Business roundup: Village Inn Pizza closes; family business for sale
URBANA — Village Inn Pizza has closed after 47 years of operation, and the business is up for sale, according to a release from the family-owned company.
John Rinkenberger Jr., managing partner for the Village Inn, said the business, at 1901 S. High Cross Road, U, was undercapitalized and didn't have the wherewithal to promote the business and make upgrades.
"This was not an easy decision for us," he stated in a release.
"We were undercapitalized due to the move 15 months ago from the Springfield Avenue location and unable to sustain (the business) long-term."
Rinkenberger said sales were 16 percent higher after the restaurant moved from 1801 W. Springfield Ave., C, to the High Cross Road location in November 2011.
But, he added, "we do not have the capital to continue to promote the business and to make the upgrades available to the 20-acre sports and entertainment complex."
Rinkenberger said the family is looking for someone to buy the business and keep the Village Inn brand alive.
Village Inn opened in 1965 and was originally owned and managed by Dale Holt and David Block.
Rinkenberger, his parents and some silent partners became the third set of owners for the restaurant when they acquired it from Dennis Buerkett several years ago.
Cafe Luna files for Chapter 7 bankruptcy
CHAMPAIGN — A meeting of creditors has been scheduled for March 14 in connection with the Jan. 31 bankruptcy filing of Cafe Luna.
The restaurant, at 116 N. Chestnut St., C, closed in December after nine years in business, four of them at that location.
In its filing for Chapter 7 bankruptcy, the business listed assets of $37,635 and liabilities of $120,298.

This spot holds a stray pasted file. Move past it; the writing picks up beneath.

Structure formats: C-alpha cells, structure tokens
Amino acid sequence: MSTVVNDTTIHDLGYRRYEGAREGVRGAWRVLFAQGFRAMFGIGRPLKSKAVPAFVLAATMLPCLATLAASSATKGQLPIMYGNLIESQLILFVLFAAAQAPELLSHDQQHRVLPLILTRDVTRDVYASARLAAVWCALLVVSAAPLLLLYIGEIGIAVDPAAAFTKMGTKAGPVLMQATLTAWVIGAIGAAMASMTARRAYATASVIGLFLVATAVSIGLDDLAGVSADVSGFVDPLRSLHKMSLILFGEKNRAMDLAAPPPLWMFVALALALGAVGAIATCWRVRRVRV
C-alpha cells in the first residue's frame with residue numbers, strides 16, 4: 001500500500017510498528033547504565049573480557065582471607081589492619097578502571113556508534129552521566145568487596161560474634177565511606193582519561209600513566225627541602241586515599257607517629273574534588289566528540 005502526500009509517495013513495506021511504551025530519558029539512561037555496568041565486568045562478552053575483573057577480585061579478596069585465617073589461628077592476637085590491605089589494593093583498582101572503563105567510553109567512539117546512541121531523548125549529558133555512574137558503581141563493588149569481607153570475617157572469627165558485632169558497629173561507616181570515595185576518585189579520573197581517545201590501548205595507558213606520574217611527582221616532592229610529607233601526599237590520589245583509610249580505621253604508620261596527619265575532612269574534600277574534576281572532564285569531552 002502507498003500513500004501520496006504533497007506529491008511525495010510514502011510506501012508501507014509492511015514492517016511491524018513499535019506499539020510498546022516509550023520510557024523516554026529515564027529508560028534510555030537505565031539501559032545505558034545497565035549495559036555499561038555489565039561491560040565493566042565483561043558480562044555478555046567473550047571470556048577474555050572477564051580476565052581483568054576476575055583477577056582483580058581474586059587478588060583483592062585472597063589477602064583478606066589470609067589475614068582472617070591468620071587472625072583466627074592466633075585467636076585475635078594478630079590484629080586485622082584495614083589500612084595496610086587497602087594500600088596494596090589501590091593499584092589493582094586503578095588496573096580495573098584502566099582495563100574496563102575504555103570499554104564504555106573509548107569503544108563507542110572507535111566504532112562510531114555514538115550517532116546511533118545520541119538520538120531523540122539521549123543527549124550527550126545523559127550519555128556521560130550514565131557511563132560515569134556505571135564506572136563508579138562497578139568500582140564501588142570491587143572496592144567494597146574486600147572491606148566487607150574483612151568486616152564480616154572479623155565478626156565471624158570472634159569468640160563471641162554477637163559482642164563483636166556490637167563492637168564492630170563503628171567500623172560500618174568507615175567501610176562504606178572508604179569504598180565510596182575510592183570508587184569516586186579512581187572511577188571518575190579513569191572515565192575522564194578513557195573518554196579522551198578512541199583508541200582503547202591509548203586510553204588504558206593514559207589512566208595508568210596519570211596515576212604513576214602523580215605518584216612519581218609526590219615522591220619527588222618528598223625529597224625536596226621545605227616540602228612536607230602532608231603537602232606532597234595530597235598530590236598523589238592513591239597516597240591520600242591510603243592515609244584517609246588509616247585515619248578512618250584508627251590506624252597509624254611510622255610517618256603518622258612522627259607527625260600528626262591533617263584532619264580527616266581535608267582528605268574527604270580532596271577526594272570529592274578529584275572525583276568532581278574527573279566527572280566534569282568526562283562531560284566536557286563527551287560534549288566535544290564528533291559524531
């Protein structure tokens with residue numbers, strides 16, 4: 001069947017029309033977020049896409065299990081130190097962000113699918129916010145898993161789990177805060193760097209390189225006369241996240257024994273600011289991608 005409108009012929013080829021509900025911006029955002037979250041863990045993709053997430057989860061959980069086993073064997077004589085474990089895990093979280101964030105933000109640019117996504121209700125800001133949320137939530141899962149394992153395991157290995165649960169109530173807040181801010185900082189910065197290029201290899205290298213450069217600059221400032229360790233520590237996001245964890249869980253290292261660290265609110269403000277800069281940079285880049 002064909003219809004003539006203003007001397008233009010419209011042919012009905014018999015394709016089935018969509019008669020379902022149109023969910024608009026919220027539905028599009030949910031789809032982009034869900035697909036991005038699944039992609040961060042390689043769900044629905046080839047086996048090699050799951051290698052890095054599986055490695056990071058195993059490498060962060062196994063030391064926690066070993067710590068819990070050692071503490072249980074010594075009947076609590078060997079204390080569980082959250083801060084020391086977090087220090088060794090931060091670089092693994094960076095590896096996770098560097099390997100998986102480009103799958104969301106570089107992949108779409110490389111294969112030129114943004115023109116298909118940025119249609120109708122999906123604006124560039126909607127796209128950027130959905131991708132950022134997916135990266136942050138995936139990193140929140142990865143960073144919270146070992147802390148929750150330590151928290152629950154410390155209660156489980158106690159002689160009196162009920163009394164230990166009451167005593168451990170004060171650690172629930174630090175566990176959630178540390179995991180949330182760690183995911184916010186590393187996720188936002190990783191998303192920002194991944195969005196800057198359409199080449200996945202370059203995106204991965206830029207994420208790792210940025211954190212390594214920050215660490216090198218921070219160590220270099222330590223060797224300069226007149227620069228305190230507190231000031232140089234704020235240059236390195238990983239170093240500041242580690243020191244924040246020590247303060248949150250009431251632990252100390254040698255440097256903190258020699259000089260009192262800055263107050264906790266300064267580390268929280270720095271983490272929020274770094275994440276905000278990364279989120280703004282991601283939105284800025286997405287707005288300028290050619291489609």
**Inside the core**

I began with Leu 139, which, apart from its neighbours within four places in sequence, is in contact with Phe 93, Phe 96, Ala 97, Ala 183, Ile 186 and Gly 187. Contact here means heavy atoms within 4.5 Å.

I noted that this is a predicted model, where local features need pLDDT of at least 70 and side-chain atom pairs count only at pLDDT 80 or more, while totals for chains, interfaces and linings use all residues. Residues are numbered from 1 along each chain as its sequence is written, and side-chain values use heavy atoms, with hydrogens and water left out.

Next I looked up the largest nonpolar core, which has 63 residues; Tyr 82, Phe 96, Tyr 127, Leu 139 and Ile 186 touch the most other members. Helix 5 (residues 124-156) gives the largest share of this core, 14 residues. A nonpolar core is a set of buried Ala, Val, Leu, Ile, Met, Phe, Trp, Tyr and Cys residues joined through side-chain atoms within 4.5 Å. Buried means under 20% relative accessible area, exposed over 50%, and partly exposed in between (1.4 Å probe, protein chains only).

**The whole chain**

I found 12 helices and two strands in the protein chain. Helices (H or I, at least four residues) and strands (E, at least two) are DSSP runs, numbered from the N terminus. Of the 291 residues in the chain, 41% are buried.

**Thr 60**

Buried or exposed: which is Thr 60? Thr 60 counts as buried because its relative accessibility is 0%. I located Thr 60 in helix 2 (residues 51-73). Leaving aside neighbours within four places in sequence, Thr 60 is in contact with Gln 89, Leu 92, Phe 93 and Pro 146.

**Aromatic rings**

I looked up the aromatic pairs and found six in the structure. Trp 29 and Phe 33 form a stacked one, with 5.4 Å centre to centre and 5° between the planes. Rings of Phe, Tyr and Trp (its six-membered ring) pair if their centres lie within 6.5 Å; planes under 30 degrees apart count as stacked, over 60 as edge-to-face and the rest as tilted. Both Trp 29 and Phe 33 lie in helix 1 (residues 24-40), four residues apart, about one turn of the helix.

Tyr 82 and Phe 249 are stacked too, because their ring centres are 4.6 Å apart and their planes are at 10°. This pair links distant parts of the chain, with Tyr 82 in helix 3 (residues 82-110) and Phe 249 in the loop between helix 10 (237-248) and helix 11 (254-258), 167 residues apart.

A creditors' meeting has been scheduled for 12:30 p.m. March 14 in Room 208 of the Federal Building in Danville.
In an email to The News-Gazette following the restaurant's closing, its owner, Raquel Aikman Ritz, thanked customers for their patronage and said she was "ready to start a new chapter" in her life.
The bankruptcy filing lists the following liabilities:
— $53,074 in secured claims, namely a business loan from Busey Bank of which $37,555 was secured by collateral and $15,519 was not.
— $12,145 in unsecured priority claims, namely taxes due the Internal Revenue Service and the state of Illinois.
— $55,079 in unsecured nonpriority claims from 31 creditors. The largest of those claims were $11,393 from the University of Illinois Employees Credit Union and $10,500 for three months' rent owed to C-U Station.
First Financial's fourth-quarter profits off
TERRE HAUTE, Ind. — First Financial Corp., the parent company of First Financial Bank, said fourth-quarter net income was down 16 percent from a year earlier.
The company had $8.6 million of net income in the fourth quarter of 2012, down from $10.2 million in the comparable period in 2011.
Full-year net income was $32.8 million, down 12 percent from $37.2 million in 2011.
Earnings for full-year 2012 amounted to $2.48 a share, down from $2.83 a share in 2011.
The results for 2012 were influenced by income and expenses associated with the purchase of Freestar Bank. First Financial incurred additional salary and benefit expenses, as well as one-time expenses, as a result of the Freestar acquisition.
WBGL expanding into downstate markets
CHAMPAIGN — WBGL-FM is expanding into seven southern Illinois markets as a result of joining forces with sister station WIBI.
WBGL will add seven WIBI frequencies to its listening family, including frequencies in Carlinville, Granite City, Vandalia, Effingham, Mount Vernon, Murphysboro and metro St. Louis.
WBGL already broadcasts on 91.7 FM in Champaign, 104.7 FM in Morris, 88.1 FM in Decatur and Charleston and 88.5 FM in Terre Haute, Ind.
WBGL's signal currently reaches 2.5 million people, and with the expansion, as many as 3.75 million people will be able to get the signal, according to a release from the station.
WBGL, a listener-supported station that uses the tagline "faith, hope, family," is affiliated with the Illinois Bible Institute.